The Basic Guide to Pricing Your Craftwork: With Profitable Strategies for Recordkeeping, Cutting Material Costs, Time & Workplace Management, Plus Tax Advantages of Your Craft Business Paperback – Jul 19 1997
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"Dillehay knows of what he writes because he's done it".
-- Crafts 'N Things
From the Back Cover
One of the most often asked questions from craftpersons selling their work is "How much should I charge?" Whether you have been in business or just starting, this step-by-step guidebook will help you answer that question. You'll get:
Ways to raise the perceived value of your work and charge more
Basic formulas for pricing craftwork, retail or wholesale
How to use pricing strategies to increase sales
How to price one-of-a-kind pieces
How to know if you are really making a profit
How to keep records, with sample forms you can copy
How to get the most profit out of every hour
Legal ways to cut your tax bills and boost your net income
More ways to boost your cash income than you ever imagined
Most Helpful Customer Reviews on Amazon.com (beta)
Many beginning crafters are reluctant to put a decent price on their goods. They feel that they or their products aren't good enough, or that people won't be willing to pay that kind of price. They look at the price tag on the materials they used and think they shouldn't mark things up much beyond that. The problem is, there are many costs associated with crafting work that aren't taken into account by that, and you could find yourself losing money without even realizing it. Dillehay makes certain that you know how to take all of those invisible expenses into account when pricing your goods.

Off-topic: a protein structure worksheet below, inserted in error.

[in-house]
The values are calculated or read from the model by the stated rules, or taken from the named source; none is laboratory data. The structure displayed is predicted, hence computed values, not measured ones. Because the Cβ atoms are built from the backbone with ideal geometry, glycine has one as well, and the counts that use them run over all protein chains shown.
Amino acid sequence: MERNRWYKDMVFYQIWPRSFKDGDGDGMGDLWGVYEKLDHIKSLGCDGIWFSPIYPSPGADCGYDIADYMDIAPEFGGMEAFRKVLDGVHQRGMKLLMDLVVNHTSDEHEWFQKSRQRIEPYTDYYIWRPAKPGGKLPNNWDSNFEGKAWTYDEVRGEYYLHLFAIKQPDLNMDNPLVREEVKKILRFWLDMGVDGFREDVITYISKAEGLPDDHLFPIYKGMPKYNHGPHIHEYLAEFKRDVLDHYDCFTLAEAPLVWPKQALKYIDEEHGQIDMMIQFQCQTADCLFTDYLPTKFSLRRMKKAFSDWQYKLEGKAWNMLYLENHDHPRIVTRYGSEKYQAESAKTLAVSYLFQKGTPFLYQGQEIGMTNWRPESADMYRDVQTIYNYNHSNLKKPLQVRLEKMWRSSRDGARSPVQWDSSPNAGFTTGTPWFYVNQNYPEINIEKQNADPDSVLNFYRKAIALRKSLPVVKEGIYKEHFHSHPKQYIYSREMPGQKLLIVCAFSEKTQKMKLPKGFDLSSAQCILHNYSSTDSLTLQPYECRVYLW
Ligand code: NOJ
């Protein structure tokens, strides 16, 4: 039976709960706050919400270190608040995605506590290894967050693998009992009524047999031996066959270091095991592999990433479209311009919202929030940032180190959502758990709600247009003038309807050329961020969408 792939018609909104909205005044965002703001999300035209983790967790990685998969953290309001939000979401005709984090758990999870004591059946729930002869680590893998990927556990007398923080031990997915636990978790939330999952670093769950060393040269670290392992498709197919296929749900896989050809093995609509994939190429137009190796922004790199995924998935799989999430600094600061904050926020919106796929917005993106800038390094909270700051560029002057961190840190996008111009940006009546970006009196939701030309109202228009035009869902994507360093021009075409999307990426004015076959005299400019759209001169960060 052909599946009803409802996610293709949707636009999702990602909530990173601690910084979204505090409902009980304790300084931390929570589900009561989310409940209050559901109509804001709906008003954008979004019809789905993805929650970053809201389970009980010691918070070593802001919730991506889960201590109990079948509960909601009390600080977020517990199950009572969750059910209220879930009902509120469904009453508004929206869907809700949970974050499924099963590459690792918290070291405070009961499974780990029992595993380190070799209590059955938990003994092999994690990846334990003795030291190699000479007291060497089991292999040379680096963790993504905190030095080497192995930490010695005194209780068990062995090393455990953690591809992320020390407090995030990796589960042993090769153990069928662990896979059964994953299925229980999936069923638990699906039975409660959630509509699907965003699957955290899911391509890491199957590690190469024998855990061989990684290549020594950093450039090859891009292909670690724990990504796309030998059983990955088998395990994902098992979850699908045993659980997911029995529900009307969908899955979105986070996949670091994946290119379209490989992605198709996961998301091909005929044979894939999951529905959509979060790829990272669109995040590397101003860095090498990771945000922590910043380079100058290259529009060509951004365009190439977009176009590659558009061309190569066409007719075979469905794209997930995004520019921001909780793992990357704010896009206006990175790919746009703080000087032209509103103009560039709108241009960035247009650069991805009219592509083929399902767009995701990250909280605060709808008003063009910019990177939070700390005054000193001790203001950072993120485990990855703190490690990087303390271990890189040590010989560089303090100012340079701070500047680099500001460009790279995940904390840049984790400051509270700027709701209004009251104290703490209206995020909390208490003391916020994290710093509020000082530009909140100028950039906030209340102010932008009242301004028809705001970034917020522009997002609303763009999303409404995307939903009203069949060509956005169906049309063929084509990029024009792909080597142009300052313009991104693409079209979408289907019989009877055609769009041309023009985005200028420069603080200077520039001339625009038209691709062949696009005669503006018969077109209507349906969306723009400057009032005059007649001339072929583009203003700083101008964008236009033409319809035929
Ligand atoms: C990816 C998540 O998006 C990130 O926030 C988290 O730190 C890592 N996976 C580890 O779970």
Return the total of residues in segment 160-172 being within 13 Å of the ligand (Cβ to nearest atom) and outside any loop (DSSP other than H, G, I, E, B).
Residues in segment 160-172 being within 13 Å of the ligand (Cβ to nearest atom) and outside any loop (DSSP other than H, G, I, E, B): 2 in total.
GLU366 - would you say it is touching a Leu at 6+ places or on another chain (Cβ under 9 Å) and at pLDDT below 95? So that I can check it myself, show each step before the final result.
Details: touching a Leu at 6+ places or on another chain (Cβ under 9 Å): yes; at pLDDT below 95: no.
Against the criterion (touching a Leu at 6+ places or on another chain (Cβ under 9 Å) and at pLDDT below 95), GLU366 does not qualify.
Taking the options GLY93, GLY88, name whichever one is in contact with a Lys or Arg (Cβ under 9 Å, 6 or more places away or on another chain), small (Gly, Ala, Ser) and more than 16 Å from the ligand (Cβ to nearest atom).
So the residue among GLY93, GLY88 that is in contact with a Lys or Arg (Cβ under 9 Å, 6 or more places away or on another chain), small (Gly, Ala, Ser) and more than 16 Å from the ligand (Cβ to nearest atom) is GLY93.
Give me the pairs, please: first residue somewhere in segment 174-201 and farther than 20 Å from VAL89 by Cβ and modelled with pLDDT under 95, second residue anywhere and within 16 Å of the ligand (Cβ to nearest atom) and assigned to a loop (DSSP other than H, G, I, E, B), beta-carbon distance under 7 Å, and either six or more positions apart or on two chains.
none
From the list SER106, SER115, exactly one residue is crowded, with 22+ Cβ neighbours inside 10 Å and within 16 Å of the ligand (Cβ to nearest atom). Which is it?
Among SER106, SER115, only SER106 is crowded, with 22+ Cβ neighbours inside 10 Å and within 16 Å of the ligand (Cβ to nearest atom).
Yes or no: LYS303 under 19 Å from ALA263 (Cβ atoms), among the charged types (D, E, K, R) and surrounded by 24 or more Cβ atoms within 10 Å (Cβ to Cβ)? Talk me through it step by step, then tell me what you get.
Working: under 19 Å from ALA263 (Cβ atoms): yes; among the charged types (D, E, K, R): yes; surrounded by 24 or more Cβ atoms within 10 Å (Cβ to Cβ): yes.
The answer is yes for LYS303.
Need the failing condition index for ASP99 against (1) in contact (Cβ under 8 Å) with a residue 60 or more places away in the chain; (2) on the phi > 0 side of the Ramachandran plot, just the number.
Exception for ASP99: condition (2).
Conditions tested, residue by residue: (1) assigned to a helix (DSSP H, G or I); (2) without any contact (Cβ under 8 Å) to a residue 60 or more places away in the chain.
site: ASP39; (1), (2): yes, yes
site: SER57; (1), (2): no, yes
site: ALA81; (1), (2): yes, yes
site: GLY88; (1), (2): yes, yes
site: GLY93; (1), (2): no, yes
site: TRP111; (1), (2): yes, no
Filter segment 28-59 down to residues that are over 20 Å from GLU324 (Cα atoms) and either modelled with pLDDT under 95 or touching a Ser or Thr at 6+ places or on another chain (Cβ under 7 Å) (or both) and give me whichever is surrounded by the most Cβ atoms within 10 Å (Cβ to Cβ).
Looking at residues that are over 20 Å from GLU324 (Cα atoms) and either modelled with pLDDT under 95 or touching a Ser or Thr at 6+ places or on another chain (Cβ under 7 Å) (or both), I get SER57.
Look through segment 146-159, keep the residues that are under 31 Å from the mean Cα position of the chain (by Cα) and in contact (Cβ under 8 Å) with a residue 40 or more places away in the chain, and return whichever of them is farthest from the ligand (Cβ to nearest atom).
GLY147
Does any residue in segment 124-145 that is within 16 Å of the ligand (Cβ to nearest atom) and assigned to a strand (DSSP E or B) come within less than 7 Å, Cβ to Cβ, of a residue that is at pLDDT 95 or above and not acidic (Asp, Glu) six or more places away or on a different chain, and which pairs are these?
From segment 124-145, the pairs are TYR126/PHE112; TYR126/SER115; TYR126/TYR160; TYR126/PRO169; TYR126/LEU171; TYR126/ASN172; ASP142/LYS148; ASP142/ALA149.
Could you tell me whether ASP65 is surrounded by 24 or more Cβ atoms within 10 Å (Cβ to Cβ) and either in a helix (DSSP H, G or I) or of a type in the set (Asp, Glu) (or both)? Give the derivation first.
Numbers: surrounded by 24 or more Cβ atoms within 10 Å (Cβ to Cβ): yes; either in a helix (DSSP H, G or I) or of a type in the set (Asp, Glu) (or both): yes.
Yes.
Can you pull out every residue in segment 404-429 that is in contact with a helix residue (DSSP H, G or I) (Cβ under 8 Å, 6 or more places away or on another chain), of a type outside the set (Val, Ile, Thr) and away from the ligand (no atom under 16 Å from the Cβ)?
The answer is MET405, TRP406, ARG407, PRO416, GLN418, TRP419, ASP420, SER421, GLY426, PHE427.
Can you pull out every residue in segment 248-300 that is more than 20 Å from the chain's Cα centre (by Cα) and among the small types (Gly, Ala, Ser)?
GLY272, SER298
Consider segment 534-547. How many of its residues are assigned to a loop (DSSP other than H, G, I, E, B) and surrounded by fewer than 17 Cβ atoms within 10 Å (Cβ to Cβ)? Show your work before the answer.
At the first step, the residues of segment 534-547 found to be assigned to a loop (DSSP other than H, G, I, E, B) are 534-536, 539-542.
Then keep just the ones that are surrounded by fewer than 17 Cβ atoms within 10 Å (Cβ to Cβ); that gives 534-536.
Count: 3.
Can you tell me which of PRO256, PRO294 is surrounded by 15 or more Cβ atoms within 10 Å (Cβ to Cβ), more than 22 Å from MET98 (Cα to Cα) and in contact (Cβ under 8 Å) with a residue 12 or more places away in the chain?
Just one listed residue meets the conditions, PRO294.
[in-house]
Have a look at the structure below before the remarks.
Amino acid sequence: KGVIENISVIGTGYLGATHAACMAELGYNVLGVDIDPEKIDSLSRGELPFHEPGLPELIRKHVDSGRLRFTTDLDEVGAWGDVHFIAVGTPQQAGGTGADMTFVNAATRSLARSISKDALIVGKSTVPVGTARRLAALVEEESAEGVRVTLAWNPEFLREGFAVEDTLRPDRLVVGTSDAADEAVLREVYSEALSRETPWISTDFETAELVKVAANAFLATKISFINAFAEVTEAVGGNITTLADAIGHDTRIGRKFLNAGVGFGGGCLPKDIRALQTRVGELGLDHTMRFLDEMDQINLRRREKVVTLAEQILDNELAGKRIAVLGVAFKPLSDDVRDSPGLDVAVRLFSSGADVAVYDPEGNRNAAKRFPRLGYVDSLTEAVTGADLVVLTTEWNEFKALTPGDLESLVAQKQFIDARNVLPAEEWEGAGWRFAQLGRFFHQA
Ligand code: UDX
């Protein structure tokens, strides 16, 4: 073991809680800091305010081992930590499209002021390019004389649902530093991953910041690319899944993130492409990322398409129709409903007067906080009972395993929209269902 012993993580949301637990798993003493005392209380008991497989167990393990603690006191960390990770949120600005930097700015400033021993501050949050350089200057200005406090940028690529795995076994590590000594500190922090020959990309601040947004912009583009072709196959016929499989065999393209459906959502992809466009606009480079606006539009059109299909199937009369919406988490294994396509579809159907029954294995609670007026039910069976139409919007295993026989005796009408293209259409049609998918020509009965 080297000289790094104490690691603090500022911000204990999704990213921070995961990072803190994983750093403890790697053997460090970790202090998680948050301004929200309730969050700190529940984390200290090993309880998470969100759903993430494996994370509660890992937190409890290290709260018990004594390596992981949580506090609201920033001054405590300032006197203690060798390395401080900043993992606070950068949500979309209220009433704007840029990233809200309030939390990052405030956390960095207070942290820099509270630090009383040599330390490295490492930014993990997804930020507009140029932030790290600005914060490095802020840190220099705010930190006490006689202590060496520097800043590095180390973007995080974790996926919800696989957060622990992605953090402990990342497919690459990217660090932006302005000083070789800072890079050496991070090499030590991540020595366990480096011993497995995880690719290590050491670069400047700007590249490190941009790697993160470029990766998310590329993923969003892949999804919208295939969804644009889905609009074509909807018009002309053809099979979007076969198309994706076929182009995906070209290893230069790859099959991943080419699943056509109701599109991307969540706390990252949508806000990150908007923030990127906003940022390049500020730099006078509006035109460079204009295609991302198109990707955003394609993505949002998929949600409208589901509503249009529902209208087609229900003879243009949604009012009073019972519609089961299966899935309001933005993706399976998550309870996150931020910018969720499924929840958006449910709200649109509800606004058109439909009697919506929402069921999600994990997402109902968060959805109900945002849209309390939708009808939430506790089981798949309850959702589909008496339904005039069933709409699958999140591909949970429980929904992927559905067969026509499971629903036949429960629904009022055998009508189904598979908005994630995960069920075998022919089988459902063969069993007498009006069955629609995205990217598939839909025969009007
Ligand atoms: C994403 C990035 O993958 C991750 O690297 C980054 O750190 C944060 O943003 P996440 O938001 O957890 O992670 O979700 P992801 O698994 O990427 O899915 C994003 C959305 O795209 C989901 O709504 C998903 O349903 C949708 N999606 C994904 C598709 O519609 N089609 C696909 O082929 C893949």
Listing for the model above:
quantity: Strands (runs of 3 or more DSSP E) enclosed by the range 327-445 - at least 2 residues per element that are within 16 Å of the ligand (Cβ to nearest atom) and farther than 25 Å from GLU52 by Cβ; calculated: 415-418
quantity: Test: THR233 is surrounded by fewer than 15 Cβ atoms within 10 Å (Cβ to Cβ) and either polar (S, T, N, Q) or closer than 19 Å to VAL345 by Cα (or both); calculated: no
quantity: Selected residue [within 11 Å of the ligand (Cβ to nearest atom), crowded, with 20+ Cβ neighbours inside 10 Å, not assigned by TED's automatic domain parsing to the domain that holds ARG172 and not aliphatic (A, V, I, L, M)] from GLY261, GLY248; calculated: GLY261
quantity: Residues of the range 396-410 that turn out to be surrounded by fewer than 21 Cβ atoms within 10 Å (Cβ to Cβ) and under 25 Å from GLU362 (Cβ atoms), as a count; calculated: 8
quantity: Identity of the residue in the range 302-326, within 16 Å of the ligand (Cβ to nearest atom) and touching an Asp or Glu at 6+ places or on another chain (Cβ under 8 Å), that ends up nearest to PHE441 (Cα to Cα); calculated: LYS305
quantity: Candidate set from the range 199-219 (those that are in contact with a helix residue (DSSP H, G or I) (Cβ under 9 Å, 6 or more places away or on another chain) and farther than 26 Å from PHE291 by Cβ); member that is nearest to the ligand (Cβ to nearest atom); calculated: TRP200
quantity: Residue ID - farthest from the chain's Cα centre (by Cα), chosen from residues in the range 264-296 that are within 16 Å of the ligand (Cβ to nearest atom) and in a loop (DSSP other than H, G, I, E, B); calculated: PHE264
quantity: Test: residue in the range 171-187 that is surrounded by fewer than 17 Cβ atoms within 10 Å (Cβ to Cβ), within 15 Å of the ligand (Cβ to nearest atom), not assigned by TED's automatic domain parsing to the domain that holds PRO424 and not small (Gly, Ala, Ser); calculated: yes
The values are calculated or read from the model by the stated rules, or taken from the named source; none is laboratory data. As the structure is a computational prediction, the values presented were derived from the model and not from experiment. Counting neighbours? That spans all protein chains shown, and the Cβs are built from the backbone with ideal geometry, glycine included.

He goes on to talk about pricing for different markets. You might be able to price higher at a craft fair than through a store, for example. He even discusses wholesale pricing that allows you to sell to stores, catalogs, and other outlets while still making a profit. In fact, pretty much the only subject that seems conspicuously absent is any talk of selling online whatsoever.
Because so many factors affect the price of your goods, this book ends up doubling as a mini-guide on running a craft business (although you'll still want to delve more thoroughly into that as its own topic). It includes a variety of forms for inventories and so on.
Despite the absence of information regarding online pricing, methods and sales---which these days seems like a bit of a large oversight---there's so much valuable information in here that I highly recommend it to any crafter who'd like to make a profit on her wares.
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